Sunday, January 24, 2010

We're with BOY GEORGE: MARILYN and HELEN TERRY reissues!


From 1982 to 1985, it was a great time to be friends with CULTURE CLUB vocalist BOY GEORGE. During those few short years, anyone seen within a few feet of George would have their faces plastered all over the tabloids and they, in turn, would become tabloid fodder!

By 1986, though, Boy George's long slide to bargain basement embarrassment began and, apart from a brief reunion with Culture Club in the '90s, he has essentially become the butt of '80s jokes alongside Mike 'A Flock Of Seagulls' Score's ridiculous hairstyle. 

But, in the early to mid '80s, he was a glorious pop star with a fantastic voice, a cheeky personality and loads of charisma. That magic also rubbed off on those around him including his clubbing mate MARILYN (he of long flowing blond locks) and HELEN TERRY (she of the soulful voice on Culture Club hits like "Church Of The Poison Mind"). Both Marilyn and Helen had shortlived (but memorable) recording careers, which have recently been reissued by Cherry Red subsidiary, Cherry Pop!



While Marilyn was not initially known for his singing/songwriting talents, he was (supposedly) marvelous to look at.  As a clubber at the Blitz Club during the New Romantic movement, he attracted as much attention as (Boy) George O'Dowd did. When he was linked with George during Culture Club's heyday, the labels came calling.

His debut single, "Calling Your Name", was an instant hit.  It's catchy melody and Soul-inspired beat was similar to Culture Club's "Church Of The Poisoned Mind" and other tracks from their Colour By Numbers album.  While his other singles didn't fare as well, Marilyn kept on releasing wonderful little Pop/Soul nuggets that would eventually lead up to his sole album, Despite Straight Lines.

By the time the album reached the shelves, Marilyn had cut his blonde locks and changed his image, but the music was still infectious and hard to resist.  While nothing here may have reached the spectacular heights of CC's "Karma Chameleon", it's admittedly not even fair to compare the two acts.

Despite Straight Lines is filled with great Pop music that stands up well on it's own.  Apart from "Calling Your Name", the album includes many tracks that stand up well even 25 years after their release. "Mountains To The Ocean", "Surrender To Your Love", "Cry To Be Free", "You Don't Love Me" and "Baby U Left Me (Out In The Cold)" are just a few of the standouts. And with some prime bonus remixes and non-album tracks, this is a must of CC/Boy George fans as well as those of you who dig catchy '80s pop.

(NOTE: The album has been subtitled The Very Best Of.. because of the exclusion of one track from the original album at Marilyn's request. Bummer for us, but at least we have the rest of the album to enjoy on CD!)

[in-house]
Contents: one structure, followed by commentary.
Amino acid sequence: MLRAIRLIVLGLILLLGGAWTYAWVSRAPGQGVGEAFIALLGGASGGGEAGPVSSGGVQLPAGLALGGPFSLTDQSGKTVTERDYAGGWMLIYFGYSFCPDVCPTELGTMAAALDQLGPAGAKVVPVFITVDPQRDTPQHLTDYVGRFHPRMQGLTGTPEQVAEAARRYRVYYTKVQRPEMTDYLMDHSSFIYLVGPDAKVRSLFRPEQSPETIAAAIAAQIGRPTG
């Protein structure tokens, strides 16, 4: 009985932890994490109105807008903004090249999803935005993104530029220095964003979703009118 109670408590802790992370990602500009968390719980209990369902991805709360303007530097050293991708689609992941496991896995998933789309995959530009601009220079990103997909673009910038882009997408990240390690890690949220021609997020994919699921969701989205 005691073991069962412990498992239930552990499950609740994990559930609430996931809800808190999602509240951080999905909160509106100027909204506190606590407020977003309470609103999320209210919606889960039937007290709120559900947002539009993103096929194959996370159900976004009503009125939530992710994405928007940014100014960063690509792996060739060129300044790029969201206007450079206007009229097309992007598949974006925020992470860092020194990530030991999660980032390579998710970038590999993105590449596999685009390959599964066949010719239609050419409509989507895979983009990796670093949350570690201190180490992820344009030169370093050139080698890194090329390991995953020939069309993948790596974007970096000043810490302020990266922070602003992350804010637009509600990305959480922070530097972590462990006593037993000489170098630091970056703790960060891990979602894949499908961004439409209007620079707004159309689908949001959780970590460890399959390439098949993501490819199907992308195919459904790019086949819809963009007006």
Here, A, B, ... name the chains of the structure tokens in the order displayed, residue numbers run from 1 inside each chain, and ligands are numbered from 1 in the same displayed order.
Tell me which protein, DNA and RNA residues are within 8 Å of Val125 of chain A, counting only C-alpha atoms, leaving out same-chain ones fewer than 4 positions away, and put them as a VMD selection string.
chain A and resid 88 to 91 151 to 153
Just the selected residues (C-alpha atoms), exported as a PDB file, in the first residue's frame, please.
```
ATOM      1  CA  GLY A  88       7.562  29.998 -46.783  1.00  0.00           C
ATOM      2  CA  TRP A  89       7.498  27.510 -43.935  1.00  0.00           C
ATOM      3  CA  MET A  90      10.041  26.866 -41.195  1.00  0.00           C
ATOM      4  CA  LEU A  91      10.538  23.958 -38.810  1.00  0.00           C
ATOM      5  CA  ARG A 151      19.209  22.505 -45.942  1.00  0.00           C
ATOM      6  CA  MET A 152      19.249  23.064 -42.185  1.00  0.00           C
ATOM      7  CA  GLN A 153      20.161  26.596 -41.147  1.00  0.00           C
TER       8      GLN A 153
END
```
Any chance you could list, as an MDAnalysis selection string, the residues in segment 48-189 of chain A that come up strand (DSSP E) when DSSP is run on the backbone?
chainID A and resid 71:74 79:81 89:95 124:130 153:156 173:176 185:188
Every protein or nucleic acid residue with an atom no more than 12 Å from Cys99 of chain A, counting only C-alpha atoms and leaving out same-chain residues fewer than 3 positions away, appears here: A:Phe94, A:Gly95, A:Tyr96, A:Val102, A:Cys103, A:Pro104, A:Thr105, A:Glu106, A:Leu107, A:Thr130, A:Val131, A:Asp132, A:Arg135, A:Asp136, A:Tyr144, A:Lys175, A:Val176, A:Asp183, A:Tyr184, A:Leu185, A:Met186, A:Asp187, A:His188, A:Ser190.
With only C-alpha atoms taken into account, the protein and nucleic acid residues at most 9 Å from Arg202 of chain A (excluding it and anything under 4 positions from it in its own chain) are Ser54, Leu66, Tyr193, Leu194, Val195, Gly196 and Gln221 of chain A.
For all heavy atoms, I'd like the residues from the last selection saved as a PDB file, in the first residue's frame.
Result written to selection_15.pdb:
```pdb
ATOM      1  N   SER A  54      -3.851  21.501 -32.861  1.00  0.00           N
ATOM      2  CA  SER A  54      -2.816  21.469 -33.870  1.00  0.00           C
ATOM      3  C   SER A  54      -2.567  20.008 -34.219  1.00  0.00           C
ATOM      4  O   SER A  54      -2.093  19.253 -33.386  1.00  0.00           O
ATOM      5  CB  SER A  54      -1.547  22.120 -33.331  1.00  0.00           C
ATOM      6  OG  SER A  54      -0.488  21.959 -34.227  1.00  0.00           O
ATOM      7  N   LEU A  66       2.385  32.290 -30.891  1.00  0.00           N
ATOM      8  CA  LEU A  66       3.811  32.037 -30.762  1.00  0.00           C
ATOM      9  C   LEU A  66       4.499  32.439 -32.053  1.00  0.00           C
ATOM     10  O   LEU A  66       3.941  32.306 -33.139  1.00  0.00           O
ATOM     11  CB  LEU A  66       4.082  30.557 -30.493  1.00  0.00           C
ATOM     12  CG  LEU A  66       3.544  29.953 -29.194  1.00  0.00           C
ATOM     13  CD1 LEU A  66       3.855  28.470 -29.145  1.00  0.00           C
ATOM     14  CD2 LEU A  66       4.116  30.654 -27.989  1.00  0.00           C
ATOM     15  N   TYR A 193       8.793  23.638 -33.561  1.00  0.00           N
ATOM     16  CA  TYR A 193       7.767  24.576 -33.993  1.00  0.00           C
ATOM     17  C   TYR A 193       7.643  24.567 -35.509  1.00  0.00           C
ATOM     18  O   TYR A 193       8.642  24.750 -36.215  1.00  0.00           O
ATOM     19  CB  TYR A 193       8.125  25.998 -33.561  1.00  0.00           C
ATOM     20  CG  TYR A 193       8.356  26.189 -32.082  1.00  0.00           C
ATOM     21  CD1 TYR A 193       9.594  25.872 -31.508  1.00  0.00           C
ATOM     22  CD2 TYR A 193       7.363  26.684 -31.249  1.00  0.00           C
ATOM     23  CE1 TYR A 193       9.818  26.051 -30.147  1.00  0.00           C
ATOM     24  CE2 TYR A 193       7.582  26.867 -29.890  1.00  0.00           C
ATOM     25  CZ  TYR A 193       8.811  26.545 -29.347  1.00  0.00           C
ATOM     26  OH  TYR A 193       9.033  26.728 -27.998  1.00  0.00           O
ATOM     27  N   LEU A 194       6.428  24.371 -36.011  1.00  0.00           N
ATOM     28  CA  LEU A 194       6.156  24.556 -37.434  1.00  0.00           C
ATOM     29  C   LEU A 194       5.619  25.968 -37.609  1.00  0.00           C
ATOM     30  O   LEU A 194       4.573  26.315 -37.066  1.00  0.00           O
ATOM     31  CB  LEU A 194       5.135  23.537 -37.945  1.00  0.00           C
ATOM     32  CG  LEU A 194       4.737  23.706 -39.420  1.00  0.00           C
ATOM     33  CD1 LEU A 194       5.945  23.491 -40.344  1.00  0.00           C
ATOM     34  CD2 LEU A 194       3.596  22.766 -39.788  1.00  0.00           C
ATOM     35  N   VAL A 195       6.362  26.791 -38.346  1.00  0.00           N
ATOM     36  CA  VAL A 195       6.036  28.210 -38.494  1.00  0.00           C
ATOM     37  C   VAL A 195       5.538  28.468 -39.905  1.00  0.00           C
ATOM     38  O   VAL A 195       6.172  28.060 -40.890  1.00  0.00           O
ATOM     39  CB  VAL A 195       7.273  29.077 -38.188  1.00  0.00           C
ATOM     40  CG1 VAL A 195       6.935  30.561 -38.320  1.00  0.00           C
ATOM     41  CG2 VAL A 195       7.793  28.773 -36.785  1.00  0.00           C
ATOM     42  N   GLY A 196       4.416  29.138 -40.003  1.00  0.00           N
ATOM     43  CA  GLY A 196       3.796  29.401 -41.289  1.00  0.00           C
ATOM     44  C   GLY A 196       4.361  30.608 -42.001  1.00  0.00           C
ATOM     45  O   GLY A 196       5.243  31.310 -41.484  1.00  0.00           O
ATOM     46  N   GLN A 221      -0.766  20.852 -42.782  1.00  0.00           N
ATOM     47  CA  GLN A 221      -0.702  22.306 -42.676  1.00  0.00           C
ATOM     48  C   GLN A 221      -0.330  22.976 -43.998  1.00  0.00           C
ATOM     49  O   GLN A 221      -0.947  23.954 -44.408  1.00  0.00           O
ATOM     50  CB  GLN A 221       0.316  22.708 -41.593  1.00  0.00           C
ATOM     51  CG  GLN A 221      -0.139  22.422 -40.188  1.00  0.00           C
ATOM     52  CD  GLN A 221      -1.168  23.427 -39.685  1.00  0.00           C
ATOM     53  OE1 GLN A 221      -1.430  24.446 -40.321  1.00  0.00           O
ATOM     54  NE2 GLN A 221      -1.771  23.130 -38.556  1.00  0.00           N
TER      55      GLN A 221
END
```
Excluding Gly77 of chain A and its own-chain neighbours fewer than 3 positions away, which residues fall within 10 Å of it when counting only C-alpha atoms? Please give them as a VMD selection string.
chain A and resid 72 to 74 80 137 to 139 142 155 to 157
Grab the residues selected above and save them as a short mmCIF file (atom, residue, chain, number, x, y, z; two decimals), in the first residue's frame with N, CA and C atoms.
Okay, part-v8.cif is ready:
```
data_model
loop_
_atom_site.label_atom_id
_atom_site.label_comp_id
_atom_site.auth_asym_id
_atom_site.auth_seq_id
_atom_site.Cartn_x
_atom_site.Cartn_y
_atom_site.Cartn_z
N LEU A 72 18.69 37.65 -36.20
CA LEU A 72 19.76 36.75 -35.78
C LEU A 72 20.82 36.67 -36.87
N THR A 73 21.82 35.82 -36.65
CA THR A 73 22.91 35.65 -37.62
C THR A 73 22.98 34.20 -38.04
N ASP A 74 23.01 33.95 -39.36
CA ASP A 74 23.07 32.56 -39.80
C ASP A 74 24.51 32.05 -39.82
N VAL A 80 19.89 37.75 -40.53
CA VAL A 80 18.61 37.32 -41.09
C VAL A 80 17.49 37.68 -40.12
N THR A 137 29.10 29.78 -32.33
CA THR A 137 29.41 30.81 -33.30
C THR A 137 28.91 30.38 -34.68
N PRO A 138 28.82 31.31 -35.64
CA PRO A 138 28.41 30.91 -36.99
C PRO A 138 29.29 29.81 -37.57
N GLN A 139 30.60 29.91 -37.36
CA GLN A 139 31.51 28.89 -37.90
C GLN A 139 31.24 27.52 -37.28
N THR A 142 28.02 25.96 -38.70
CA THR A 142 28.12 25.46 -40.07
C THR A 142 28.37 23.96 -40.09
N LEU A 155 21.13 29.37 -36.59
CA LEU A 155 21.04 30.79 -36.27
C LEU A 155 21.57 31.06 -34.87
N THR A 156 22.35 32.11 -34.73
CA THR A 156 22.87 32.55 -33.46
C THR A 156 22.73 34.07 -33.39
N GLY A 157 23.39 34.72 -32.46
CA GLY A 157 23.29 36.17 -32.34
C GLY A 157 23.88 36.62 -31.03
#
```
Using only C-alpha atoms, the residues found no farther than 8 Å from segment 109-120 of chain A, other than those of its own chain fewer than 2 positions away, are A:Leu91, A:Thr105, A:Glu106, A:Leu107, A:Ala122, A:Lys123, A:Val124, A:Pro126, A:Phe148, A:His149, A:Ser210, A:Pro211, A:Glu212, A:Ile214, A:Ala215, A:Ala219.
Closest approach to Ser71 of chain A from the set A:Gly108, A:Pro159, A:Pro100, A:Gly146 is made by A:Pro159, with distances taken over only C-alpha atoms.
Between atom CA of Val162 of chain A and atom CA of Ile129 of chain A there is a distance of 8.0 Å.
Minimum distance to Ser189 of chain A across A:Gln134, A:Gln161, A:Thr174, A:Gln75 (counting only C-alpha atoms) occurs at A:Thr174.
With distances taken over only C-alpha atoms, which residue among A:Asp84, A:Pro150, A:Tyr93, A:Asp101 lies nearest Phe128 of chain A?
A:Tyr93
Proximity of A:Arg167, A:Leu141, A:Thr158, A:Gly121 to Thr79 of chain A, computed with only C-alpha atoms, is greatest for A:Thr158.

While the name Helen Terry may not jump out at you, her voice most definitely will.  It is her wailing, soulful voice that makes Culture Club's "Church Of The Poison Mind" really leap out at you.  Yes, she was a 'backing vocalist' for CC during the most popular time of their career, but her performances were so spectacular that she was often referred to as 'the unofficial fifth member' of the band!

While she started her solo career in 1984 with the hit single "Love Lies Lost", her debut album, Blue Notes, didn't hit the shelves until 1986. By that time, Culture Club were already in the midst of their fall from grace and the public's insatiable interest in anything Boy George was long gone. Which was a shame because Helen had managed to cut an album that could have had a lot of potential (especially for those who were following the musical careers of acts like Sade, Deacon Blue, Carmel and other acts that combined Pop with Jazz-influenced overtones).

Those expecting Helen to showcase her wailing, soulful vocals over danceable Motown-ish beats were disappointed for the most part, although she does occasionally cut loose on Blue Notes. Most of the album is dedicated to finely produced Gospel/Jazz influenced mid-tempo tracks and ballads.  While this certainly isn't what her early singles hinted at, it's still a treat to hear Helen up front and center. Tracks like "The River", "Come On And Find Me" and the glorious "Close Watch" are standouts on an album that surprises with each and every listen.

Bonus tracks include remixes, early non-album singles (including "Love Lies Lost" and her Giorgio Moroder collaboration, "Now You're Mine" from the soundtrack to Electric Dreams) and more.  Another fine Cherry Pop release that will please those with fine musical tastes!


You're welcome!
Stephen SPAZ Schnee

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